Associations Between Bovine Respiratory Disease Complex and the Probability and Latency of Group- Reared Neonatal Dairy Calves to Approach a Novel Object or Stationary Person

Tuesday, July 22, 2014: 2:00 PM
2505B (Kansas City Convention Center)
Mary C Cramer , University of Wisconsin- Madison, Madison, WI
Amy L Stanton , University of Wisconsin-Madison, Madison, WI
Abstract Text:

Bovine respiratory disease complex (BRD) is an important disease that impacts the welfare and performance of dairy calves.  With group housing of calves becoming more common, it is imperative to identify behaviors indicative of illness in a socially competitive environment.  The objective of this study was to determine associations between BRD status of group housed dairy calves and their latency to approach a novel object or stationary person.  On a commercial dairy in Wisconsin, 75 Holstein preweaned group housed heifer calves were tested once a week for 6 weeks. The average age of calves upon enrollment was 4.1 ± 1.9 days.  Calves were housed in eight pens with an average of 9 ± 1 calves per pen.  Each week, all calves in the study were tested for their willingness to approach a novel object (OBJ) and a stationary person (SP) within 60 seconds.  Approach was defined as one step in the direction of SP or OBJ.  Pen and test order were randomized.  After both OBJ and SP tests were complete, a standardized health assessment was conducted.  The behaviors of calves with clinical signs of BRD were compared to calves with no clinical signs of BRD. All models were controlled for week, pen, pen order, and test order.  Associations between probability of approach and BRD status were analyzed using a linear mixed model with a logit transform (PROC GLIMMIX), controlling for calf as a random effect. Calves without BRD were 2.5 [95% CL:  1.4 to 4.6] and 2.6 times [95% CL:  1.4 to 4.8] as likely to approach than calves without BRD for the SP (P < 0.005) and OBJ tests (P<0.005), respectively.  The latency of calves that approached the SP or OBJ was analyzed using a Cox proportional hazards regression (PROC PHREG).  BRD status did not significantly impact the latency to approach in either test.  The median latency to approach was 18 seconds and 9 seconds for SP and OBJ tests, respectively. Clinical signs of BRD impacted the probability of approach but did not impact the latency to approach, which indicates that BRD influences the willingness to approach but not the rapidity at which a calf approaches.  These findings suggest that approach tests may be used to identify calves with BRD in group housing.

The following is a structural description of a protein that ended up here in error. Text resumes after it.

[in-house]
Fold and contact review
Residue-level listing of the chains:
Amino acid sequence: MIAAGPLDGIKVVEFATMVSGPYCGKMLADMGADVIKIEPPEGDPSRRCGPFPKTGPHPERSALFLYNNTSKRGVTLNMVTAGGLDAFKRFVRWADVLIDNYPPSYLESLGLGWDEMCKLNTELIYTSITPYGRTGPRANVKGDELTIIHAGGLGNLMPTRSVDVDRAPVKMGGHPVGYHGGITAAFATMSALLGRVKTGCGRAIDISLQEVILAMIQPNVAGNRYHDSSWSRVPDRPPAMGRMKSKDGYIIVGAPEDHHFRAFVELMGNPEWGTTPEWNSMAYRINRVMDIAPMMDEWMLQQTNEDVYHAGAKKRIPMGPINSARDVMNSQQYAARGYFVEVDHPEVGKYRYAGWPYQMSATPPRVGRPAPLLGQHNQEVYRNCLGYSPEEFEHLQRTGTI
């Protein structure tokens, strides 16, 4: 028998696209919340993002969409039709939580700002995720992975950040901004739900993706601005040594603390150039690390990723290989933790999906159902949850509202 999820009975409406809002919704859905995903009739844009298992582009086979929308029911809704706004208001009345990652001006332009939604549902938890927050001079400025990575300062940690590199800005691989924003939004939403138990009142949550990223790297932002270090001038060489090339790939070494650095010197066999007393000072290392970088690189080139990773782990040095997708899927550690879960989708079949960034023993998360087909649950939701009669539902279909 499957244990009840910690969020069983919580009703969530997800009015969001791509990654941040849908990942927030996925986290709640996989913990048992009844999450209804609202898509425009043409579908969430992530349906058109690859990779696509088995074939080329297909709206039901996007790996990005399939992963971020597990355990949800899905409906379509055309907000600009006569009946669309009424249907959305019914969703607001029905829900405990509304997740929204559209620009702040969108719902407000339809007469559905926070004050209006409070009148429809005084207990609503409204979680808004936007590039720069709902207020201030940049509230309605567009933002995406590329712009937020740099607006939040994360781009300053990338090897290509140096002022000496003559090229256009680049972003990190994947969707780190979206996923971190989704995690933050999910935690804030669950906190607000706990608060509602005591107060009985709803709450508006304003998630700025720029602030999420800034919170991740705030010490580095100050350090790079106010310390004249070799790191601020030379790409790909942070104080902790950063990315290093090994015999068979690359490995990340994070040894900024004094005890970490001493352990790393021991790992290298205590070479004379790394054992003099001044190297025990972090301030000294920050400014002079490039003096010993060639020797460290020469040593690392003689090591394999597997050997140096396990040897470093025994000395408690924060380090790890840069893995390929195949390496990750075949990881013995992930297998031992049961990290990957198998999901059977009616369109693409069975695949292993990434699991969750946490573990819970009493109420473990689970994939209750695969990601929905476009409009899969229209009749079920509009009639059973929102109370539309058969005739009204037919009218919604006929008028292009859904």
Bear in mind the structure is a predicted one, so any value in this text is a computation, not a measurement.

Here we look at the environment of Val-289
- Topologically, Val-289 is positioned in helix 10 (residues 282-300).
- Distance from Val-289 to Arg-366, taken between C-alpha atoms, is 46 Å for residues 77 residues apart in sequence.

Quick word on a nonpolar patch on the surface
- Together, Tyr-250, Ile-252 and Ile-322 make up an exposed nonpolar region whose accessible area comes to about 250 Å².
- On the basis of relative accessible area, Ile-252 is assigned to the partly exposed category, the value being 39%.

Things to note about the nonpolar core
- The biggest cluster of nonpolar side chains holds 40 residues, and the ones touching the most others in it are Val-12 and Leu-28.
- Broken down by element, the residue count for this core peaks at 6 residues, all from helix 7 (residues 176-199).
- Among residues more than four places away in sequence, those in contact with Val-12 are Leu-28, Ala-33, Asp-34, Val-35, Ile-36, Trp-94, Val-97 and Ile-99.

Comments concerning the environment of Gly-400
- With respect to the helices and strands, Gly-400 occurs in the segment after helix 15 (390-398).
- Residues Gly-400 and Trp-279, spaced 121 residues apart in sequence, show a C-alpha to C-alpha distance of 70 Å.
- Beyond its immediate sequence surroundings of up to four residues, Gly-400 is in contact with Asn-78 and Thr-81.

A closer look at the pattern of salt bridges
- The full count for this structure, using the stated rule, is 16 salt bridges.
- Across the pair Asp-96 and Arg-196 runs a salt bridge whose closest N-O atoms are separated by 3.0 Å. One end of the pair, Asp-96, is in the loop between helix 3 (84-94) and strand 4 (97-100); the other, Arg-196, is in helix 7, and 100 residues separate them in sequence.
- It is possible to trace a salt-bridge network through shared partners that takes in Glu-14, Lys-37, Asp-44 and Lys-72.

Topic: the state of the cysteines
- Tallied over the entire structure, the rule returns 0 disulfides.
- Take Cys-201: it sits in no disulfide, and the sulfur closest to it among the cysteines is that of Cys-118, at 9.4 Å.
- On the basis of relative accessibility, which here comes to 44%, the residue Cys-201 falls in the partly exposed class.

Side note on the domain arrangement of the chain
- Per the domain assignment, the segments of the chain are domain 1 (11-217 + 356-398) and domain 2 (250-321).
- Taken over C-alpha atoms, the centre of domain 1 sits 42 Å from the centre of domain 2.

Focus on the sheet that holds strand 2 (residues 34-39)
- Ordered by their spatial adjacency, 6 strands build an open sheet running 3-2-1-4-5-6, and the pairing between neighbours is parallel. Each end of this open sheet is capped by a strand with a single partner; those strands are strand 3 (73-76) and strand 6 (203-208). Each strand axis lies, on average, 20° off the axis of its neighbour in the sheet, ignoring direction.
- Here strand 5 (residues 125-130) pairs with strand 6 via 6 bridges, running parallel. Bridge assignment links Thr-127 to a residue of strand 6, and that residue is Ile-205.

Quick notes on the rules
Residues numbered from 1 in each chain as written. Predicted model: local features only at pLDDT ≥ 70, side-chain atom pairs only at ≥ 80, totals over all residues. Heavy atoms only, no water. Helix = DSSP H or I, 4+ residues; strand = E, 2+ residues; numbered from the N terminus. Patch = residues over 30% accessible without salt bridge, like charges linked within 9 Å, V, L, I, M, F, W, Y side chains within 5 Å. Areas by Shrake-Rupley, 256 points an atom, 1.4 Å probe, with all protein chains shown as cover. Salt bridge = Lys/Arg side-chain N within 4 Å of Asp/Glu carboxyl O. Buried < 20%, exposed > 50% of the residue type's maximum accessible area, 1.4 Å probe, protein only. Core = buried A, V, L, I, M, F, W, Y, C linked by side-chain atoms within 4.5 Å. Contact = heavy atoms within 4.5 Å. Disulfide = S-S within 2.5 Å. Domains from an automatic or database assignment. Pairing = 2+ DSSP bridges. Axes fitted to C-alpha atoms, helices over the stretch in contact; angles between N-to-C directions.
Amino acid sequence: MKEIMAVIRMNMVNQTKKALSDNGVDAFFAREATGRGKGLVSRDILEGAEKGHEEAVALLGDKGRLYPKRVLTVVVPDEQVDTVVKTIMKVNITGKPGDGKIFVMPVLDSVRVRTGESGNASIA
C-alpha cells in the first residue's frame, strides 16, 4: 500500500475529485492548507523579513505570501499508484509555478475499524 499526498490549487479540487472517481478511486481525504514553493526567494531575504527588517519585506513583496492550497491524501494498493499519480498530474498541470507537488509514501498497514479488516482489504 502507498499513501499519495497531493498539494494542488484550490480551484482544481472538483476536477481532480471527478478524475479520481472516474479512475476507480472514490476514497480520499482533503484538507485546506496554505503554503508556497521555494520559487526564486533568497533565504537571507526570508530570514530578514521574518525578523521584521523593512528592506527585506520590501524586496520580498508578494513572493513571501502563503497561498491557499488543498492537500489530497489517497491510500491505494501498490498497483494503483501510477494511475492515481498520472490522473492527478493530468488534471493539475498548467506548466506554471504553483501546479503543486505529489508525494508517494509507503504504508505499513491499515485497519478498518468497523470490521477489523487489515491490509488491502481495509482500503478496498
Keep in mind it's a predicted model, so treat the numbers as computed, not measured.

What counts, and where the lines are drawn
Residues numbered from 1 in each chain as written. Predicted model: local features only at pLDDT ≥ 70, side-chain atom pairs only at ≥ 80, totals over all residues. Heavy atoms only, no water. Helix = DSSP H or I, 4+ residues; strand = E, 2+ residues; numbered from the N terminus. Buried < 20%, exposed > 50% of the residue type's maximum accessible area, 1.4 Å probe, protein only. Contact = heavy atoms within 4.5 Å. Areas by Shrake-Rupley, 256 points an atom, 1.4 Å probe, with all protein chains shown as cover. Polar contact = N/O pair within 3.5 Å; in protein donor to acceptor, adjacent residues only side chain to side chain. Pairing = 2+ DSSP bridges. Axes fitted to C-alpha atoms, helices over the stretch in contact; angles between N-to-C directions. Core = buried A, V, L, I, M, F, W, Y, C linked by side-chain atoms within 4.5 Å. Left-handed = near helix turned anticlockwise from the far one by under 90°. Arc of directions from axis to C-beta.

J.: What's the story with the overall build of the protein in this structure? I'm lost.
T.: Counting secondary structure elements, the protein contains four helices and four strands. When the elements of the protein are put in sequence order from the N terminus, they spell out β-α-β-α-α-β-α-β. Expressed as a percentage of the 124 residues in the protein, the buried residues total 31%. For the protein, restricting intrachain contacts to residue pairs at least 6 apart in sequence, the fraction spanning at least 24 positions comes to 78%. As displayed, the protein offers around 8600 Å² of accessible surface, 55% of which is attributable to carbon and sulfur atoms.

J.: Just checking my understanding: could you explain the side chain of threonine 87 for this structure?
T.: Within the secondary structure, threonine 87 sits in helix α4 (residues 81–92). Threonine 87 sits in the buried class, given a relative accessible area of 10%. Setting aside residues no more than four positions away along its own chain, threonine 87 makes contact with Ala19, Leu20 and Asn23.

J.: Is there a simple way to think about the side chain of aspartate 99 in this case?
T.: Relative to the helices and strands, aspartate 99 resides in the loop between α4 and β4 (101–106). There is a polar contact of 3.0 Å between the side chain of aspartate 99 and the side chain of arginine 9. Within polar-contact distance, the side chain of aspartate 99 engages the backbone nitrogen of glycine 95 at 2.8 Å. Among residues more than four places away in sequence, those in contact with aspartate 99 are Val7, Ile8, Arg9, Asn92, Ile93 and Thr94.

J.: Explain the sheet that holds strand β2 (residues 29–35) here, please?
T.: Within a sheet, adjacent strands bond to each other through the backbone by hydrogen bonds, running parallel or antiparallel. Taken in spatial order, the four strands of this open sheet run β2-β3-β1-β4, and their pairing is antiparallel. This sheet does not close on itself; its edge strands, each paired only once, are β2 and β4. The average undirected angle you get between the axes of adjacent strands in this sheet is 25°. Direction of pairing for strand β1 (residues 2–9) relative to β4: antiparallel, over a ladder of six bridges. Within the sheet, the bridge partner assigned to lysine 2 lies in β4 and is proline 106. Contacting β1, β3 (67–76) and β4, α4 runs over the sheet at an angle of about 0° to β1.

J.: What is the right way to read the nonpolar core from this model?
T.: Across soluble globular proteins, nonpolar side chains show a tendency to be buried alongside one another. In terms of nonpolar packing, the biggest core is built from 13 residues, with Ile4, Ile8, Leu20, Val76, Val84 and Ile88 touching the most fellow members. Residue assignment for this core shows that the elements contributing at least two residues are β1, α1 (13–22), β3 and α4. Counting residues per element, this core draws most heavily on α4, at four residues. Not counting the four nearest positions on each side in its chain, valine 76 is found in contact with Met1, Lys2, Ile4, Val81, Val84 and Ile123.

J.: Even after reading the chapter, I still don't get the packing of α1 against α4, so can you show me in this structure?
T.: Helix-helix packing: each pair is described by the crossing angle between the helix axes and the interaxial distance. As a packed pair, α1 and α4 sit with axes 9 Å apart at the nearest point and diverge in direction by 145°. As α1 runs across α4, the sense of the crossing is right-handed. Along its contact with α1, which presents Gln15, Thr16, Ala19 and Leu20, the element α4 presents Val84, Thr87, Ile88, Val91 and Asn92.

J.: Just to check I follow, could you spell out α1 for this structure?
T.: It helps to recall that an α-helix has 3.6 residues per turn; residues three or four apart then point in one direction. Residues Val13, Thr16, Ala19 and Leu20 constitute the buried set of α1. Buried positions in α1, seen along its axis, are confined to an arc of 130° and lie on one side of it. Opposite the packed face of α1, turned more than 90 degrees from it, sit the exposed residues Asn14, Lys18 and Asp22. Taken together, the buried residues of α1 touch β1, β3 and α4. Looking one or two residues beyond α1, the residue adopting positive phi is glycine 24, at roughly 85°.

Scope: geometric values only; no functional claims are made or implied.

Keywords: Behavior, BRD, Calves